Fields of Knowledge


This zoomable map of the fields of human knowledge shows the breadth and depth of what we know

Click on any of the broad fields of human knowledge to zoom in on fields within that field, keep clicking to zoom in on ever narrower fields, then click the zoom out one level button to zoom back out one level, or the zoom out to top level button to zoom straight back out to the top level. You can also use your browser's back buttons to retrace your steps through the fields of knowledge.

I've often wondered whether it might be possible to lay out the entirety of human knowledge on a zoomable map. The basic classification of fields adopted above shows not only the enormity of the task, but also the arbitrariness of any simple arrangement of what we know.

Systems of classification have always fascinated me and appalled me in equal measure. By classifying a discipline under the sciences or the humanities, we constrain it; by insisting that all our knowledge be in one field or another, we forbid ourselves to explore the fertile realms in between.

This particular classification is based on Wikipedia's List of academic disciplines and sub-disciplines. Moreover, the size of a field on the map is related to the length of the Wikipedia article related to that field (click the Wikipedia button to show the Wikipedia article for the field shown).

Of course, Wikipedia article length is an unreliable proxy for importance, and the strange preoccupations of Wikipedia contributors are sometimes in evidence (are the sciences really so much more important than the humanities? is sex education really more important than elementary education and higher education?) And the classification itself, in particular the inclusion of some esoteric fields and the exclusion of others, is, like everything else on Wikipedia, debatable and furiously debated.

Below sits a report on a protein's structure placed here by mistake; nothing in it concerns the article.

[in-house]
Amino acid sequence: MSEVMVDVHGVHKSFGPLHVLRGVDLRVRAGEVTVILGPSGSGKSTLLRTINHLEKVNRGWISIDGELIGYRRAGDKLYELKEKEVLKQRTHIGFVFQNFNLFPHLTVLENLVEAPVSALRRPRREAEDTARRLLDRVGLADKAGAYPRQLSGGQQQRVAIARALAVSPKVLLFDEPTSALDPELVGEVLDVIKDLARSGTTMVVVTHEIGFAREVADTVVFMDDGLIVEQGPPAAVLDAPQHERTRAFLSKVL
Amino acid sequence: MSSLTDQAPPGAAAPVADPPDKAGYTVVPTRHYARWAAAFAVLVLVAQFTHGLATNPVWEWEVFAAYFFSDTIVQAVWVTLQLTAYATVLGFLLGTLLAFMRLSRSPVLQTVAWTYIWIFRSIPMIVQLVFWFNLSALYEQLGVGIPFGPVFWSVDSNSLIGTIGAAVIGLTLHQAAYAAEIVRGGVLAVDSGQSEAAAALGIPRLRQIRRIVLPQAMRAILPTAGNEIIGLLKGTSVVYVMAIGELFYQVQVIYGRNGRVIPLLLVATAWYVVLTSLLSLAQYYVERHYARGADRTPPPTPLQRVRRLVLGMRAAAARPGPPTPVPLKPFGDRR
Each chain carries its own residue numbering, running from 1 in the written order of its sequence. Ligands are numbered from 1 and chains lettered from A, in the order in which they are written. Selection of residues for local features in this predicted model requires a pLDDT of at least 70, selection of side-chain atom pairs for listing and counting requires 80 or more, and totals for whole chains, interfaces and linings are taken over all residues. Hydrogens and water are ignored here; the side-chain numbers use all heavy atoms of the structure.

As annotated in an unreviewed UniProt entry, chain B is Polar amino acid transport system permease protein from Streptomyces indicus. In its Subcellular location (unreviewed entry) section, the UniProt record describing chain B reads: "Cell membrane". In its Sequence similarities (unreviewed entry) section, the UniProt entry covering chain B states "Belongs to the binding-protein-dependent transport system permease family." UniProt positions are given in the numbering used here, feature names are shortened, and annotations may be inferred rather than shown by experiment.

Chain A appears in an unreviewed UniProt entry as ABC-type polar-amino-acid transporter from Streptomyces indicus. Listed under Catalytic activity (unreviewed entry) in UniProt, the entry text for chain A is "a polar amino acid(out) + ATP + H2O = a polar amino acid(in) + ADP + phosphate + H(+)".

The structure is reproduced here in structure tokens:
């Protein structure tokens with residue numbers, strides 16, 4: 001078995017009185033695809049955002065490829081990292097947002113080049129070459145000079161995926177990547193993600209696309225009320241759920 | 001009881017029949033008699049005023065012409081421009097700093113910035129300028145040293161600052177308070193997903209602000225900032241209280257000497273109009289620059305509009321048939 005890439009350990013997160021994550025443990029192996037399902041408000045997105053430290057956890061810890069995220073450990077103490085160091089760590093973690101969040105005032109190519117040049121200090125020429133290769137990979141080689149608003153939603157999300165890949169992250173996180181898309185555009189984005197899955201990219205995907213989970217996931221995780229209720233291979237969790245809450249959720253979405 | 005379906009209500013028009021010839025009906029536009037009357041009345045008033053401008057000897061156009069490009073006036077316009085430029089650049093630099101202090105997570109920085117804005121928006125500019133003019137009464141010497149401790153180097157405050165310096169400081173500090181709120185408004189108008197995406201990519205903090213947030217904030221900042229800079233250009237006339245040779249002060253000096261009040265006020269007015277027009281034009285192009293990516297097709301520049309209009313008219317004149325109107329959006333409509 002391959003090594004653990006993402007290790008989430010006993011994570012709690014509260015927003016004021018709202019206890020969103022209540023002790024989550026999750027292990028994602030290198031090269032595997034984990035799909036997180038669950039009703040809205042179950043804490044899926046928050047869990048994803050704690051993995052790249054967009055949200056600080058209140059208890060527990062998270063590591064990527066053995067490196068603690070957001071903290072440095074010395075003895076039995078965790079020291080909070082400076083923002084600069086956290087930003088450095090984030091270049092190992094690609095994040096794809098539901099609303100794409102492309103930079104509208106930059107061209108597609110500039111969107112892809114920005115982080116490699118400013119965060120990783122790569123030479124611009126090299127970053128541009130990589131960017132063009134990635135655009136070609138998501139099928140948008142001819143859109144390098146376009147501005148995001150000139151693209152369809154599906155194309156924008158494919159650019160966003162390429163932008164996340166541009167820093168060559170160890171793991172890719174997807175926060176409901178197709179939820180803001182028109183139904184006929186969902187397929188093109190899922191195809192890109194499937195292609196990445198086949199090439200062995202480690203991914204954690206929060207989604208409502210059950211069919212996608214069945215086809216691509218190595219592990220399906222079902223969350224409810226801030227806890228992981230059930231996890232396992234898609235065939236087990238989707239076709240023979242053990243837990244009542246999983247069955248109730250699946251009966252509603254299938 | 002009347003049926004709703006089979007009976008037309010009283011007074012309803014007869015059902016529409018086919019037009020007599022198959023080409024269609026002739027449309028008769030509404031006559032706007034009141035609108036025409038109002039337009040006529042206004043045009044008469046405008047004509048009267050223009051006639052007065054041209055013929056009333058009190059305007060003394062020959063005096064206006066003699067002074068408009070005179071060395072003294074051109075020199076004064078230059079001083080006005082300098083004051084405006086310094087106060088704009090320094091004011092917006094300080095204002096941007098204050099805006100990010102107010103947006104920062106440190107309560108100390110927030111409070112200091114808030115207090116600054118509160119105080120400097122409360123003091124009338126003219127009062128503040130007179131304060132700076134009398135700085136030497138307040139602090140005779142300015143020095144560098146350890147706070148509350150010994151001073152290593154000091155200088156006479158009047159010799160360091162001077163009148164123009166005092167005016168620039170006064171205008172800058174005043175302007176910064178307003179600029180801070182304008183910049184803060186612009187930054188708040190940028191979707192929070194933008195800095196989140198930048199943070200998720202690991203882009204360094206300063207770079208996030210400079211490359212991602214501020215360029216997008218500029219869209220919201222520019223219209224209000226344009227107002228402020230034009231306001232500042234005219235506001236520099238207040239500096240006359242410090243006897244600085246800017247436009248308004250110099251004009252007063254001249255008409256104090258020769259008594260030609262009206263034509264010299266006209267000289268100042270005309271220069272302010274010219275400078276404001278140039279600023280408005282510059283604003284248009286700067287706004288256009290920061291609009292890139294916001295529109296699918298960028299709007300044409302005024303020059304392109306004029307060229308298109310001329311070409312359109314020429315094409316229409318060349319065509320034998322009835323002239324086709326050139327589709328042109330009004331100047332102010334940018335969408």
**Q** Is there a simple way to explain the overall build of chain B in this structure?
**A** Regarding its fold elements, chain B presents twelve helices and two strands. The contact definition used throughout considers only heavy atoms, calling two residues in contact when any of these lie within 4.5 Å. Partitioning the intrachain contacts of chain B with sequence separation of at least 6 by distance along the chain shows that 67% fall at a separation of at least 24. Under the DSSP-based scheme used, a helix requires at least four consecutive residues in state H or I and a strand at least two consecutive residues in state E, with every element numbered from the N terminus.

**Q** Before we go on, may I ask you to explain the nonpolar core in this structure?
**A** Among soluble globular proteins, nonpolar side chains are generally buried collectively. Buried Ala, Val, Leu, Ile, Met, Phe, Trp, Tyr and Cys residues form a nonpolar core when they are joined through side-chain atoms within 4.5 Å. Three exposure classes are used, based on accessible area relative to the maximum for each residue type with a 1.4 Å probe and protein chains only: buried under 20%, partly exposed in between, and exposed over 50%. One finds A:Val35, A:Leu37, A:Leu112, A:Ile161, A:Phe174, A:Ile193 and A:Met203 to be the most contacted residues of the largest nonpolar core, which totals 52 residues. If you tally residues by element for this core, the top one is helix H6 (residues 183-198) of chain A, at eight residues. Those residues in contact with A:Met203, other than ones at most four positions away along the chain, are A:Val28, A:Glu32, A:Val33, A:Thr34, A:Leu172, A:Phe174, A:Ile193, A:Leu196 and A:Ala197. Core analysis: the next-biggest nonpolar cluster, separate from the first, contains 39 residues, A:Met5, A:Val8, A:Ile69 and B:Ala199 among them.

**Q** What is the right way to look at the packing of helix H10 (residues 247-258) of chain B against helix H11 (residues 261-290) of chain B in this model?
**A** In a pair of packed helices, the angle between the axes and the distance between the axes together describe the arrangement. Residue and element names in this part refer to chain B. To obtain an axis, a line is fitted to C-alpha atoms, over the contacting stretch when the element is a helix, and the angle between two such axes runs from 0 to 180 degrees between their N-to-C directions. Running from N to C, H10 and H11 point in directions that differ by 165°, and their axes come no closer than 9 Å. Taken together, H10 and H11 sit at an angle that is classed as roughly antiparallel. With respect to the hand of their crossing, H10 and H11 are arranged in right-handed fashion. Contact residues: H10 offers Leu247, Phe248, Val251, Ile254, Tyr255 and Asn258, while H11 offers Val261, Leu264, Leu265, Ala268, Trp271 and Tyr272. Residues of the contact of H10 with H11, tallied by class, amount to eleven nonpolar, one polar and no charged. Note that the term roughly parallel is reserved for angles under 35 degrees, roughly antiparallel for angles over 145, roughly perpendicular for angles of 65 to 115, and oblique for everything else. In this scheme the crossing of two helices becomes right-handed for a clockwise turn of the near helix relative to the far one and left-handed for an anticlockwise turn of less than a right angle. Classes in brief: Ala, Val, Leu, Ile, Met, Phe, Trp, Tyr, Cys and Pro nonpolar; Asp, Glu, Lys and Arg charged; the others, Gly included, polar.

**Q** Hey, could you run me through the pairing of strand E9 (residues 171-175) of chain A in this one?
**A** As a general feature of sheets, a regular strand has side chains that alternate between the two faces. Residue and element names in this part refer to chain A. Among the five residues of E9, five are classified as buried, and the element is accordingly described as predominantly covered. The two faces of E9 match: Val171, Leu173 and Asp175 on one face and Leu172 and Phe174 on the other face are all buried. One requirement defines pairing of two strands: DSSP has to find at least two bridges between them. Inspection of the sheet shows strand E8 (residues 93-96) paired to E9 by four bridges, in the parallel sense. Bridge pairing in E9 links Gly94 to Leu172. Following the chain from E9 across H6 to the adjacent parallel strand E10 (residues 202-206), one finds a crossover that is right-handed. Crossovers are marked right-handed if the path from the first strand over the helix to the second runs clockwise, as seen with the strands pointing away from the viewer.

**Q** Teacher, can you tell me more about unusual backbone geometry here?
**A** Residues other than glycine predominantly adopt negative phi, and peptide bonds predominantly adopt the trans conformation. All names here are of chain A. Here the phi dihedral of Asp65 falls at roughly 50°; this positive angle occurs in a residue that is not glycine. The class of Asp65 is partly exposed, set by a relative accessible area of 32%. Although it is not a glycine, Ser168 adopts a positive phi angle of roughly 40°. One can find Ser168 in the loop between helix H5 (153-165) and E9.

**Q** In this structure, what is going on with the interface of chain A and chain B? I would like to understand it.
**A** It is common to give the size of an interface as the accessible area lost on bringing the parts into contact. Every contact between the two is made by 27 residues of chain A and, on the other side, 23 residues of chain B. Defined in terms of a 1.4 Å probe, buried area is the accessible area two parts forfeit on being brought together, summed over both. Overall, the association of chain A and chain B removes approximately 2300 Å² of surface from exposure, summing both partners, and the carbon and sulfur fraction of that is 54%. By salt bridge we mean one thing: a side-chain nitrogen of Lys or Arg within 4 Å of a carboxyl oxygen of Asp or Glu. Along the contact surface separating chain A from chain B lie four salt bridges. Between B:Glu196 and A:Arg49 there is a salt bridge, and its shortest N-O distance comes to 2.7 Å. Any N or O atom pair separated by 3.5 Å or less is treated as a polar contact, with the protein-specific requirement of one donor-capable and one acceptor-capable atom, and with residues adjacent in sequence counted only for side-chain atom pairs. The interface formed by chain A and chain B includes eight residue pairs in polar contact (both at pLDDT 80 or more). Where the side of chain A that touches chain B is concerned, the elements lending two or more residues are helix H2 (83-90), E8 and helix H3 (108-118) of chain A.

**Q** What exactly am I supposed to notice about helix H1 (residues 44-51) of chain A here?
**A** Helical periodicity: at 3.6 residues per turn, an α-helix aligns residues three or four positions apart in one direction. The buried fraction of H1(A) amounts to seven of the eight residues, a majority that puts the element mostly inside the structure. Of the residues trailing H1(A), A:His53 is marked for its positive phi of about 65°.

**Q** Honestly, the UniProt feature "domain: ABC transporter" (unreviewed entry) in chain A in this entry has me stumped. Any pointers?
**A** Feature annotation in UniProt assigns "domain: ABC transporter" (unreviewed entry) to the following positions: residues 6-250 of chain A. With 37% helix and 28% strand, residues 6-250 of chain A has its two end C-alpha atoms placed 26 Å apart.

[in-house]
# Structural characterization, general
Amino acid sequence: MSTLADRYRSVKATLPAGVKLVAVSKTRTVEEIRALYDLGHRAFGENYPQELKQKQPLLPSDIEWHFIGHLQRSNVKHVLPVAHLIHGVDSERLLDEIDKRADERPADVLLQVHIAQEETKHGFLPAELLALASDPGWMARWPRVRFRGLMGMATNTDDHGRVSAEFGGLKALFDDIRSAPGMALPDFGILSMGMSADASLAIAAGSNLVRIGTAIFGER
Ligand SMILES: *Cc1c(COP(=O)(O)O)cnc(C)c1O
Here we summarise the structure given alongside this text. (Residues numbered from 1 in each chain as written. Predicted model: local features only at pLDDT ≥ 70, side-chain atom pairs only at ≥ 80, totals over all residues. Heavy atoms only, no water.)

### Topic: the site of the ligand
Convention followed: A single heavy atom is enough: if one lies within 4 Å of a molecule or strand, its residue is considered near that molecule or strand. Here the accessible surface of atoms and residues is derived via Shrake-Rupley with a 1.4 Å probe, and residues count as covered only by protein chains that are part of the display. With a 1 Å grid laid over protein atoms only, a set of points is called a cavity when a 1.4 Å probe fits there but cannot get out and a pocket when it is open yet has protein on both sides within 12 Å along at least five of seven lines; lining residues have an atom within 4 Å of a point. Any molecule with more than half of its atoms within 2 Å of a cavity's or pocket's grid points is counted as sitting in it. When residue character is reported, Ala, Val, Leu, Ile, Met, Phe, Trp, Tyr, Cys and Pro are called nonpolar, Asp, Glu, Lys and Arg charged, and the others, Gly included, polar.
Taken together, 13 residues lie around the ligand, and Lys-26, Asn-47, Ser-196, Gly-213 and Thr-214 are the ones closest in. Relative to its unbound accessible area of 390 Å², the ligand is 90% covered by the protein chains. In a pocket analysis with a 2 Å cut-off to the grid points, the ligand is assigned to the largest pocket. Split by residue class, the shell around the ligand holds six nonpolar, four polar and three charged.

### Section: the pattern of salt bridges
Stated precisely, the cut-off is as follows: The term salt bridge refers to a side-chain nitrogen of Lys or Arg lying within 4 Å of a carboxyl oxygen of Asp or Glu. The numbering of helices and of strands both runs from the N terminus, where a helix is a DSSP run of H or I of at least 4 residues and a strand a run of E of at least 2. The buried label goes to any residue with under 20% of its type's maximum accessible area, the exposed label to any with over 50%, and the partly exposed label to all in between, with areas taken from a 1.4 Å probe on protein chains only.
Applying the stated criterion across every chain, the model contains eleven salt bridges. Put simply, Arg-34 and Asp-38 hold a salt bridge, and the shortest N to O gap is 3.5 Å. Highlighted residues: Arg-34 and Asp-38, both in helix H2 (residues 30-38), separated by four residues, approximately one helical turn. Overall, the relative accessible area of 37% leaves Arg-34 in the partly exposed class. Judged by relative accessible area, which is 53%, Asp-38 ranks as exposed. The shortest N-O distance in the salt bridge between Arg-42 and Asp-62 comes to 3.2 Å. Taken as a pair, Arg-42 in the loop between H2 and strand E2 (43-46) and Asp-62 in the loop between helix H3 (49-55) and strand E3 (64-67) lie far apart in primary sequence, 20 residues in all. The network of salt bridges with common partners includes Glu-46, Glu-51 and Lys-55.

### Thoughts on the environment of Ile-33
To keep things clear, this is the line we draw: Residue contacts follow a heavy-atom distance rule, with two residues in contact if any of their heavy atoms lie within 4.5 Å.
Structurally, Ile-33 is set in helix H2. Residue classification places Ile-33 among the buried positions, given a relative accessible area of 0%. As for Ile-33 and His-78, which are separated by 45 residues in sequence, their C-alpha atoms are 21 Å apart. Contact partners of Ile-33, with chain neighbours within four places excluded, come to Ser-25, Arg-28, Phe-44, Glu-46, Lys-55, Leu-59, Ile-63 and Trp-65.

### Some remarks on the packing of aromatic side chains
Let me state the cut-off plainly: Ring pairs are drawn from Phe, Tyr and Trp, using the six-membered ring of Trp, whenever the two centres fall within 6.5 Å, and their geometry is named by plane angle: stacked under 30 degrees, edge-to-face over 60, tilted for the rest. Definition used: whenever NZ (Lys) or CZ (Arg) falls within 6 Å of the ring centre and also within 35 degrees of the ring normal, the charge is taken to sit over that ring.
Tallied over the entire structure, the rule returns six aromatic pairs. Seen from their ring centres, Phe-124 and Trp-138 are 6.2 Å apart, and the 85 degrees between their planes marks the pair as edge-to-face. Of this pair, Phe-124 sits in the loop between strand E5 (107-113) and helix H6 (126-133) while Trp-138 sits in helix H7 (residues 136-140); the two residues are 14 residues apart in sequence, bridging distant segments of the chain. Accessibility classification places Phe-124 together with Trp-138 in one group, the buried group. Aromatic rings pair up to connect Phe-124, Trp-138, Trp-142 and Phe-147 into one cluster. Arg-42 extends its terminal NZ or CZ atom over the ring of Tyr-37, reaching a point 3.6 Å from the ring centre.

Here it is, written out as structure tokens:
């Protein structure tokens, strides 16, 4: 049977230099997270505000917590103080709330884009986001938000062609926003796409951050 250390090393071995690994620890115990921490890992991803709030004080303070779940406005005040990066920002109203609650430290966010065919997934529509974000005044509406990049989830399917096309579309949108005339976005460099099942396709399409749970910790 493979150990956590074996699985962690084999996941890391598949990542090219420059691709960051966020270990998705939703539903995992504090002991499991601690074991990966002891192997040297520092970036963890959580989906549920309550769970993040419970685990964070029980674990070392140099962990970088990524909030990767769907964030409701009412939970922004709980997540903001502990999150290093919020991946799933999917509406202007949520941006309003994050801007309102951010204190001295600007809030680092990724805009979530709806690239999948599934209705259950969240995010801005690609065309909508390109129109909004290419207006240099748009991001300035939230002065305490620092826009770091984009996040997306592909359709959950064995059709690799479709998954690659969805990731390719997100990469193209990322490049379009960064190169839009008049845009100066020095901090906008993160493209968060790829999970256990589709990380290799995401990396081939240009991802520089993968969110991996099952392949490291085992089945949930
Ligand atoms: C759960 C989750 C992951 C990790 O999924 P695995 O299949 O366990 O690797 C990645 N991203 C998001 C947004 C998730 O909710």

Still, for all its arbitrariness, this map hints tantalisingly at the breadth and depth of what we know.


anon ⋅ 20 June 2015

Very interesting! I was doing something similar in a less programmatic manner... prefer this though.

It would be interesting to take what is presented as sub-disciplines and compare that to other data sources (mathematics journals, etc.) to see how often they appear in there to try and remedy the unreliability issues Wikipedia poses. Anything to come up with a less arbitrary branching of the sub-disciplines, as the major branches seem fairly well established.

Nice work!

Explorer of the Cosmos ⋅ 7 May 2022

I've also tried for many years to think of a good and useful classification scheme. The least-worst one I've come across is the Universal Decimal Classification (UDC):

Mark Jeffery ⋅ 7 May 2022

Thanks, Explorer of the Cosmos, that's useful. I've been wanting to work on improvements to this visualization for some time. When I do, maybe I should use the Universal Decimal Classification.

Parker ⋅ 15 June 2023

Been looking for something like this. Thanks!

Hester (Brunhilda) Venter ⋅ 7 July 2023

Cleverly put together! I love the visualization of information and the drill down.

Sharol F. Addison ⋅ 15 November 2023

This is excellent, and very informative!

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First published 29 March 2014

other pages on things made thinkable

How far can you travel for $10?   At what age do we do our greatest work?   Nuclides
How far can you travel for $10?   At what age do we do our greatest work?   Nuclides
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